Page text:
Astronomy and Astrophysics at Edinburgh

Lead Research Organisation: University of Edinburgh
Department Name: Sch of Physics and Astronomy


This grant supports research in astronomy and astrophysics in Edinburgh, which spans processes from cosmological scales of billions of light years, down to the creation of stars, and the formation and evolution of planets and planetary systems. Our research involves observation, theory and numerical simulation, and in particular brings these different aspects together to address some of the most fundamental questions that humans have asked since the dawn of civilisation: what are the origins of the Earth and the objects that we see in the sky at night, and what is our place in the Universe?

Remarkable progress in our understanding has been made over the last few decades. On the largest scales, a standard model for cosmology has emerged, which can explain the expansion history of the Universe and the distribution of matter within it. In this model, only five percent of the Universe is composed of normal 'baryonic' matter - the matter we are familiar with, from which planets and stars are made. The rest is composed of exotic material known as 'dark matter', and a 'dark energy' field which is causing the rate of expansion of the Universe to increase. However, the nature of dark matter and dark energy remain unknown. Our proposed research addresses this, by studying their effects on the large-scale distribution of galaxies, the distortions that they cause to the light reaching us from distant galaxies (a process known as gravitational lensing), and more locally their effect on the distributions and orbits of stars and star clusters in our own and nearby galaxies.

Detailed observations of large samples of galaxies across cosmic time, combined with precision studies of the Milky Way and nearby galaxies, have led to an enhanced understanding of how galaxies form and evolve. Cosmological simulations are able to provide a remarkable match to observations and are providing considerable insight into the physical processes that must be driving galaxy evolution. Nevertheless, we still lack a complete understanding of what regulates star formation in galaxies, and how massive black holes (a million to a billion solar masses) and active galactic nuclei (AGN) form at their centres. Modern theory favours an input of energy from supernovae and AGN to heat and expel gas out of galaxies, but the details are not fully understood. Our research addresses this, through detailed studies of the galaxy population across cosmic time, the black holes within them, and the impact of galaxies and AGN on their gaseous surroundings.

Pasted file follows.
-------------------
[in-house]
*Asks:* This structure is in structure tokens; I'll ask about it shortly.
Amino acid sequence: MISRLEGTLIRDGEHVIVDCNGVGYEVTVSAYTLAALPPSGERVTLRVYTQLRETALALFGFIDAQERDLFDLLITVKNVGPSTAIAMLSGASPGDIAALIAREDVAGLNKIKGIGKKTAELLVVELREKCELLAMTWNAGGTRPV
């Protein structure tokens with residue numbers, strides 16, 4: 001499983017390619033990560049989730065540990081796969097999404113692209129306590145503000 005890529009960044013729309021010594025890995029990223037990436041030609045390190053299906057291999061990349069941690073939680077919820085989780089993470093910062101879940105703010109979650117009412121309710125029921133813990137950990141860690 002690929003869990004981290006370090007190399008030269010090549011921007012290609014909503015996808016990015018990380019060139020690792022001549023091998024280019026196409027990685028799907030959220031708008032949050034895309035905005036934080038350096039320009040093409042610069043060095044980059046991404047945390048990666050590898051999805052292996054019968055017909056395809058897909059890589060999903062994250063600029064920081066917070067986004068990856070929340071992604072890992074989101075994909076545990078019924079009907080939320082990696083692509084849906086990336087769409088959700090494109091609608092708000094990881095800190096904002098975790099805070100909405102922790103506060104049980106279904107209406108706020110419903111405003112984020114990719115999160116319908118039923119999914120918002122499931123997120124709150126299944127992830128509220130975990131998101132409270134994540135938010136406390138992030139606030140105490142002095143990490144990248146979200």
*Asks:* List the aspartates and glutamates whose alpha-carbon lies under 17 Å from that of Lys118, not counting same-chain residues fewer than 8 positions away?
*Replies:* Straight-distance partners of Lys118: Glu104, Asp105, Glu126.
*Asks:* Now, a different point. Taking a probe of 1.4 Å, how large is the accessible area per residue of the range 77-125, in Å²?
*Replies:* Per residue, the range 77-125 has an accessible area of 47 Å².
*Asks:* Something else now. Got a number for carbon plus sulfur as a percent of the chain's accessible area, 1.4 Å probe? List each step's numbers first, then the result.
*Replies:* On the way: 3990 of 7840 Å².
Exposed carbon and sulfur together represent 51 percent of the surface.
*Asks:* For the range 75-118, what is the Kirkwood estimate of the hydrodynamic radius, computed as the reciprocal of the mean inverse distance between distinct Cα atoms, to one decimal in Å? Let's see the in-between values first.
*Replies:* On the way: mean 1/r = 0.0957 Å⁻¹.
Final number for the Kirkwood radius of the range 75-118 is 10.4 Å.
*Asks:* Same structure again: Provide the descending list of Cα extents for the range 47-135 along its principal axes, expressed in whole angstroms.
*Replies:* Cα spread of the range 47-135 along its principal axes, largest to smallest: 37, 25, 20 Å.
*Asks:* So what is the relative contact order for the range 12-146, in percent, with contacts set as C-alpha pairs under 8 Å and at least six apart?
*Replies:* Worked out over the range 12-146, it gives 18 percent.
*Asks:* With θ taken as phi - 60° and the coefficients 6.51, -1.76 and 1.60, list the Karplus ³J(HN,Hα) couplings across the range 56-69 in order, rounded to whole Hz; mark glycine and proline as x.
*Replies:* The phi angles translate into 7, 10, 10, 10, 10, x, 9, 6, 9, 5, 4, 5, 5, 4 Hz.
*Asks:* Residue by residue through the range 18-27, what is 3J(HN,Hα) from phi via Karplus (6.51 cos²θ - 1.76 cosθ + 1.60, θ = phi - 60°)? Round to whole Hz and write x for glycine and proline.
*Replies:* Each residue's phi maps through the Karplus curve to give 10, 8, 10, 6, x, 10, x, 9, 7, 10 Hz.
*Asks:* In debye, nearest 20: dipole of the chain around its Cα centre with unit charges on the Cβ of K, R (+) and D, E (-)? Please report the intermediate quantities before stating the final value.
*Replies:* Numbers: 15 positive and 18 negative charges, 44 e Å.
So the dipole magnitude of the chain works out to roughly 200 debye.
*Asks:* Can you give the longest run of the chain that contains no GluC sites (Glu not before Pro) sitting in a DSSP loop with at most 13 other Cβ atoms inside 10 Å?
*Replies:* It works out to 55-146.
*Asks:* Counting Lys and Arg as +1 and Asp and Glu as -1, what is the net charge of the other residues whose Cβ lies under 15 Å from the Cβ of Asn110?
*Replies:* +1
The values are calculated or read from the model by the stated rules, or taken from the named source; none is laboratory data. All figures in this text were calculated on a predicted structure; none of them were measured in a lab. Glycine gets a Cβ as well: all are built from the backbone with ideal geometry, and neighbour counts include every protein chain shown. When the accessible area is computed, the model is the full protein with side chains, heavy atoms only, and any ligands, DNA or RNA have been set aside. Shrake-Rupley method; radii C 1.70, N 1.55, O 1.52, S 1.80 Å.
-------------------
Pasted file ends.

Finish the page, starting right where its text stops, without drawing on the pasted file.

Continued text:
On much smaller scales, it is only just over two decades since the first planet outside our Solar System was detected; more than 4000 of these exoplanets are now known. The remarkable diversity of the population of detected exoplanets, compared to the planets in our own Solar System, is revolutionising our understanding of how planetary systems form, but also opening up many new questions. Our research focusses primarily on simulations of planet formation, and on direct imaging and spectroscopic studies of exoplanets to understand their atmospheres and nature.

Our research in Edinburgh is driven by technological breakthroughs in observational facilities and computing power, and enhanced by novel statistical analysis techniques and new theoretical approaches. During the period of this grant, Edinburgh researchers will lead major new surveys and high-precision measurements at wavelengths across the electromagnetic spectrum from X-rays to radio waves, using ground-based observatories and space-based satellites. Our sophisticated new simulations will provide detailed predictions, to be compared to current and ongoing observational data. We anticipate major progress in our understanding of the full history and structure of our Universe and our place within it.

Planned Impact

We have a strong track record of broader impact from our research, both through knowledge exchange and public engagement, and we will continue to expand these activities building on the research proposed in this grant.

1) Knowledge transfer and exploitation